Sunday, June 19, 2022

What Jewish Education Should Look Like

Arie Crown 8th grade Kumzits - Bill Ridick in center (Mishpacha)
Mishpacha Magazine beat me to it. 

Most readers  know my views on Jewish education. The long and short of it is that an ideal educational institution should have a strong curriculum of both Limudei Kodesh (religious studies) and Limudei Chol (secular studies). And with rare exception - one without the other makes for a deficient educational experience. Without belaboring that very important point - there is another very important aspect to Jewish education: Midos (character) development.

There is little doubt in my mind that a lot of religious schools that do not live up to these three very important elements. Even if there is a decent secular studies curriculum, Midos development  is not sufficiently impressed upon the students in a great many schools. 

I personally witnessed what can only be described as a Chilul HaShem committed by fellow classmates in 9th grade. I recall an English teacher that had a nervous facial tick that was relentlessly ridiculed by my classmates – sometimes to his face! These were all students from religious homes – most (but not all) of them Charedi.

That was over sixty years ago. About 20 or so years ago, a friend of mine who was then the English principal of a Charedi high school (and is also a Talmid Chacham) told me what he witnessed in his school. Students there were relentless in their disdain, ridicule, and Chutzpah toward a secular studies teacher while expressing near God-like reverence for their Rebbeim (religious studies teachers). When he asked one of those students how they could behave that way, he received an answer along the following lines: He’s a goy and must have certainly violated on of the Sheva Mitzvos Bnei Noach (7 Noahide laws) for which he is Mechuyiv Misah - the death penalty. So he certainly deserved at least their ridicule.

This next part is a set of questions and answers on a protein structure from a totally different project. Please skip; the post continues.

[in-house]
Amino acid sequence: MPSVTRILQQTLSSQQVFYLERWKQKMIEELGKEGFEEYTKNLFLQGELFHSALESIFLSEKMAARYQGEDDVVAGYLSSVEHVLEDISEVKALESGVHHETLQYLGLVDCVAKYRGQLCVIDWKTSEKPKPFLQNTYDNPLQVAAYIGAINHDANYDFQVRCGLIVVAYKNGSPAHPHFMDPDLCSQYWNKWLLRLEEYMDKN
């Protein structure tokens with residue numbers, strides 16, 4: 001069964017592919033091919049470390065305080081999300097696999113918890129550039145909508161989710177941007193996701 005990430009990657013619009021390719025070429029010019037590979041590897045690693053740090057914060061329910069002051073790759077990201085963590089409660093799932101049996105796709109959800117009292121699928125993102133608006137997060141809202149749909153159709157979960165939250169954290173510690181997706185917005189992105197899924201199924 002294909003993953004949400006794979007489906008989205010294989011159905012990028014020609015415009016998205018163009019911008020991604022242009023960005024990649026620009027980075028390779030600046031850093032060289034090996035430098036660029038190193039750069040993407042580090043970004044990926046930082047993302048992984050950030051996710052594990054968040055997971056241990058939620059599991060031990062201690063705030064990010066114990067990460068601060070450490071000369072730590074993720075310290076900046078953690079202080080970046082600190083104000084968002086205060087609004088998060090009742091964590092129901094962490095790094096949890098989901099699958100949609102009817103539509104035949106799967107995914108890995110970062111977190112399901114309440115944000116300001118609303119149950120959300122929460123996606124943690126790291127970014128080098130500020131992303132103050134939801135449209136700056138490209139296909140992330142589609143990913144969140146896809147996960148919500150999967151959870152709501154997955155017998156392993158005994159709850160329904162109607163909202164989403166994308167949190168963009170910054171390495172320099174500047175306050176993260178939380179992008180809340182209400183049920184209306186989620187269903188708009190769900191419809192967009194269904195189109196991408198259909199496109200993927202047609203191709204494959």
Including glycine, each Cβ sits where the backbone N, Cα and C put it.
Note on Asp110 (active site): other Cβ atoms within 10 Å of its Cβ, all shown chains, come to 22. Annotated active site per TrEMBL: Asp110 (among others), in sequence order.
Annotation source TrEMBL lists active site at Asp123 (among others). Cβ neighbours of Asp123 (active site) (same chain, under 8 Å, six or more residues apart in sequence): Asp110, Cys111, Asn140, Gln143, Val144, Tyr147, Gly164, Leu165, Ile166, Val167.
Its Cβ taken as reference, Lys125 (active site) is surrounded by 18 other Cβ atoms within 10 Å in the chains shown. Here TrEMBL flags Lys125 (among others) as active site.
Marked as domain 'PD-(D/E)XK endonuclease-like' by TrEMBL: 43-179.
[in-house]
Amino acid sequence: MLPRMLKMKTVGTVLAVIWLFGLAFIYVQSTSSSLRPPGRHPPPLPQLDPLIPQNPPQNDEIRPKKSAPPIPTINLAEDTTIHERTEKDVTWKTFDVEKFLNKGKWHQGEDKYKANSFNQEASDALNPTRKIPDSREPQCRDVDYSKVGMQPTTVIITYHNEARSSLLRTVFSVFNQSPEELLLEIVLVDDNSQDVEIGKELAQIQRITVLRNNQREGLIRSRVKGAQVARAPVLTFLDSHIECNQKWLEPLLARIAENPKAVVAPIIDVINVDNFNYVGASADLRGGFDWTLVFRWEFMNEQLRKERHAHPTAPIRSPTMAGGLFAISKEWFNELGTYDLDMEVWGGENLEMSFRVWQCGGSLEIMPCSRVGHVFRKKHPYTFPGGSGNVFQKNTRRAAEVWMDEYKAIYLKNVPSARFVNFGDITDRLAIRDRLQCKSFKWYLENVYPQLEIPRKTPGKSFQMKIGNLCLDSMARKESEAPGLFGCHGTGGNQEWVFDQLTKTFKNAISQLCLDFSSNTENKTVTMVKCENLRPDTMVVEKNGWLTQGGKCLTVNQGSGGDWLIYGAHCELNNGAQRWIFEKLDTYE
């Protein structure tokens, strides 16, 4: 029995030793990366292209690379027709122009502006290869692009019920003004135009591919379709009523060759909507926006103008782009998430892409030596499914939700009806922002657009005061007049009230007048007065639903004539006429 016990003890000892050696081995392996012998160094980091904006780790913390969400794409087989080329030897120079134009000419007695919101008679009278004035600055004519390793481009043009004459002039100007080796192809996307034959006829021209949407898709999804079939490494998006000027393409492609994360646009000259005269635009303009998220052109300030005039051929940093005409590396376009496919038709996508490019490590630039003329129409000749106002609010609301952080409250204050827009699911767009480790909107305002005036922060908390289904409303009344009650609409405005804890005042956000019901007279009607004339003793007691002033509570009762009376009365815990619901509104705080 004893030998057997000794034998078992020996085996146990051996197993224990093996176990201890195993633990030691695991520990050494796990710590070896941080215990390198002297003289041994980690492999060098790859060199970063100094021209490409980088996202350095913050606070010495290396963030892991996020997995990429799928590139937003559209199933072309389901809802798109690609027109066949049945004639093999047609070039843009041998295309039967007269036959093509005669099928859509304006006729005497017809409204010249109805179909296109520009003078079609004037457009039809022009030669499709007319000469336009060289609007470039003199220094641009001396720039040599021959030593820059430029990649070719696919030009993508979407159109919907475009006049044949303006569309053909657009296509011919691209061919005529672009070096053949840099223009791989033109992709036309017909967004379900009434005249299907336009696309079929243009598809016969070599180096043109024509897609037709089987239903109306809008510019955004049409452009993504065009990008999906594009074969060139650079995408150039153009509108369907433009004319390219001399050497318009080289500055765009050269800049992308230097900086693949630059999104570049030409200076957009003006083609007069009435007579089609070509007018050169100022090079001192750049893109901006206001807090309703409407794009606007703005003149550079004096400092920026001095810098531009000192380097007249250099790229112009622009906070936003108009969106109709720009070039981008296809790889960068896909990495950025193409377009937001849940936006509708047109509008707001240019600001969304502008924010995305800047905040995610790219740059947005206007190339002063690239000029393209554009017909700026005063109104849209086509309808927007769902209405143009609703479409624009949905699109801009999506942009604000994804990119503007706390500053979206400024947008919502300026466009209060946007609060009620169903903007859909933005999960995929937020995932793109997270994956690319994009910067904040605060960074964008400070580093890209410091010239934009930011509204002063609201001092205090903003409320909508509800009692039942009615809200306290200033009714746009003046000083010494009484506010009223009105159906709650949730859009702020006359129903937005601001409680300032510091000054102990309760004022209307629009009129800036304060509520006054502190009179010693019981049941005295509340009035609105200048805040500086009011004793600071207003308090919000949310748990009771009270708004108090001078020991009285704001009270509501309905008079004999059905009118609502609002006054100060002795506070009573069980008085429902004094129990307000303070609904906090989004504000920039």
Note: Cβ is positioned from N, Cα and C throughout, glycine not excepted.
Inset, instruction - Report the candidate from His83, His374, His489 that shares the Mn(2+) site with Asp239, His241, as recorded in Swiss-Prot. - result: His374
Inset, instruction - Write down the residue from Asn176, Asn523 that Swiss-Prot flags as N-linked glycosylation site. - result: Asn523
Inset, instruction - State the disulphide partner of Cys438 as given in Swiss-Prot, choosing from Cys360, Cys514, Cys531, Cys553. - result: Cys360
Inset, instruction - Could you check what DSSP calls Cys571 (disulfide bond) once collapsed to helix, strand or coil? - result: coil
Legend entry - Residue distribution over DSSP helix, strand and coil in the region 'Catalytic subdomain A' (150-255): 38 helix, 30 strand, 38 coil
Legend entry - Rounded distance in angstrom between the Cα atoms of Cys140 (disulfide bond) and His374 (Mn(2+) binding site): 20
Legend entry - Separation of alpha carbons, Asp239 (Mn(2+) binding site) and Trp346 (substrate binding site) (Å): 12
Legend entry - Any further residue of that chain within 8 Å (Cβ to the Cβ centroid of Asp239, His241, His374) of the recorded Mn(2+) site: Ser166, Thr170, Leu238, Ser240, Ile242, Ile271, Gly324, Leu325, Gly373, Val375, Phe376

That principal spoke to the Roshei Yeshiva and they said they would do something about it. He no longer works there. and I have no clue what their high school students are like now. But even if there has been an improvement, it was not because they had those Midos instilled in them in their homes and/or their elementary schools. What it shows is a pattern of disparaging non Jews and teaching them the kind of things about them that result in a response like that of the abovementioned student.

I am obviously both disgusted and angered by this behavior. But not all religious schools are like that. 

Full disclosure first  My son in law is the Hebrew principal of the school I am about to talk about. So I admit to a certain degree of favorable bias toward the school. But facts are stubborn things regardless of any bias. So here goes.

I have spoken about Chicago’s Arie Crown Hebrew Day School (ACHDS ) before. They are close to the epitome of what a religious elementary should look like. They have got it all: strong Limudei Kodesh and Limudei Chol curricula with a strong emphasis on Midos.